Our old pal Joe Henderson had an interesting column in yesterday’s Trib. He opined, based on an email he got
from a reader named James Ramirez, that watching ballgames in high definition is more fun than watching them live.
(Before responding to James and Joe, I should note, in the interest of full disclosure, that I am the last person on earth that does not own a high-definition television. That is mostly because I don’t get all the hubbub over it. Does that make me a dinosaur? I don’t know. I know my soon-to-be-brother-in-law, who claims that anything not in high definition gives him a headache, certainly thinks it does.)
At first blush, I can sympathize with Ramirez, especially with his complaints about the in-stadium atmosphere at Raymond James. But, thinking deeper, I think his critique raises a larger issue, at least when it comes to baseball.
The biggest flaw in Ramirez’s email and Henderson’s column, is the idea that attending a baseball game is the same experience as attending a hockey game or a football game. I actually don’t blame Ramirez or Henderson, I think that misperception is one of the biggest crimes Commissioner Selig has committed against the game during his tenure.
Baseball is not football or hockey or basketball. Football, hockey, and basketball all involve spurts of energy and are built on fan emotion. Baseball is a pastime. Baseball was designed as a way to pass hot summer afternoons and evenings. The pace of baseball — which is the thing casual fans misunderstand more than anything else — is intended to allow the fans a chance to sit, and talk, and argue.
The rise of sports highlights and the popularity of football on television motivated the Commissioner to hide baseball’s most distinguishing characteristic and pretend that baseball was like football. That led to baseball highlights that made you think the only important events in a game were home runs, and crowds sitting on their hands waiting for home runs while being screamed at by PA announcers straight out of pro wrestling. (Baseball PA announcing is the only endeavor on earth where every practitioner devotes incredible energy trying to be the exact opposite of the greatest practitioner in their field. How can you hear Bob Shepperd and think, ‘he is great, if I want to be great, I should yell and scream and act like a lunatic.’)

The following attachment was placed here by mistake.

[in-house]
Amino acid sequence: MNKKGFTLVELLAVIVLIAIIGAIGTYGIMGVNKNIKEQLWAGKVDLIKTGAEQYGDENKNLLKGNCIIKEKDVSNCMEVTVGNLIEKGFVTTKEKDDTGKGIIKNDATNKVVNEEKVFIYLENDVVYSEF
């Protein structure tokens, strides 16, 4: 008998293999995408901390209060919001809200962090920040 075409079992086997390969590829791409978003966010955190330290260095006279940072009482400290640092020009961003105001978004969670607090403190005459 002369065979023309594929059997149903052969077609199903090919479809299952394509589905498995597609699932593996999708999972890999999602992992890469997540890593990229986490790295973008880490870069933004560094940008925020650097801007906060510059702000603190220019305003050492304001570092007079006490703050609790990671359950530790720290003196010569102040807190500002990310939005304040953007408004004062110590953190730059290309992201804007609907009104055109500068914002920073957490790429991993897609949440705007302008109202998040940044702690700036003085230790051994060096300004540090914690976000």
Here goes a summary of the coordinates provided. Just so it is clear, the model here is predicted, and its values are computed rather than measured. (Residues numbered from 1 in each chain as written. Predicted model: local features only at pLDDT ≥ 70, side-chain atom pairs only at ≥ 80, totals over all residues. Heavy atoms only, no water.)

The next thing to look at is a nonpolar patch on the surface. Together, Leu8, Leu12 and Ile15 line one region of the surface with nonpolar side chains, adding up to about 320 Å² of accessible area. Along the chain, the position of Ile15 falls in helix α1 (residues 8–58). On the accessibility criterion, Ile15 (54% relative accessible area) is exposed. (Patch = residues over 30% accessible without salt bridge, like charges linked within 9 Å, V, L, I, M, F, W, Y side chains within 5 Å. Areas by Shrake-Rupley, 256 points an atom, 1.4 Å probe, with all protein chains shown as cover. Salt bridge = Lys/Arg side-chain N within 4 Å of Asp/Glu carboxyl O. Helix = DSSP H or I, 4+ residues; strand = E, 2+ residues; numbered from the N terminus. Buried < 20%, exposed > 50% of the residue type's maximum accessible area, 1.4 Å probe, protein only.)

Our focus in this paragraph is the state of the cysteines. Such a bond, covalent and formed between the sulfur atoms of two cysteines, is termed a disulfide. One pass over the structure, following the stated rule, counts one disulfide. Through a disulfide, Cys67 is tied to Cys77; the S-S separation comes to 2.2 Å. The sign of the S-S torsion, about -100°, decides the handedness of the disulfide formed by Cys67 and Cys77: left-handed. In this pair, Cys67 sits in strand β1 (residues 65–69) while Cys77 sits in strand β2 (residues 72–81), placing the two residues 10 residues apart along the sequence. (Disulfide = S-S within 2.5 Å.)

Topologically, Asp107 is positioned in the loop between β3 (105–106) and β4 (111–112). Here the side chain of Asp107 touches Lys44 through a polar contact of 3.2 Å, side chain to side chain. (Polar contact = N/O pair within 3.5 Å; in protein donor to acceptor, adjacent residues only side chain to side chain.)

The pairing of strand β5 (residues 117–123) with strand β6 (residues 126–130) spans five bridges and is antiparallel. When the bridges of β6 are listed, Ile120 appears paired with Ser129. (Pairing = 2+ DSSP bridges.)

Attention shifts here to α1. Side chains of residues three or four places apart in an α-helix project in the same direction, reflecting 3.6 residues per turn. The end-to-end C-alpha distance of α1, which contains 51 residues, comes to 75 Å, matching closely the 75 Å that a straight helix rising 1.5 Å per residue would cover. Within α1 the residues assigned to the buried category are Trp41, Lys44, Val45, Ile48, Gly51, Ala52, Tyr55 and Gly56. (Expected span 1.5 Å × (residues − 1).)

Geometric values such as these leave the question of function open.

The forthcoming NFL work stoppage has opened the door for baseball to reintroduce America to its national pastime. It is the perfect moment to get all the fans, including James Ramirez, back out to the ballpark and give them the experience they should have been enjoying all these years. Who cares about definitive replay? The best part of baseball is spending 20 minutes debating whether or not a pitch was a strike or a runner was safe. It is the lack of replay that makes it great.
In an era when technology has made it possible to stay in contact with family and friends without ever talking to anyone, baseball gives us three hours to sit and talk. It is like the anti-second life. (Does that make it first life?).
James, I am extending an open invitation to you. Pick a date and we’ll head to the yard together. We’ll sit, drink cold beer, argue about Mays vs. Mantle, try to figure out why Joe has different players in different spots in the order, and have a good, old-fashioned, pastime.
If anyone knows James, or knows how to reach him, send this along.
(By the way, the idea that you can get the same “crowd experience” at a sports bar made me think of this clip from Good Will Hunting. No one at a sports bar can tell me what it smells like in the Sistine Chapel Fenway Park.)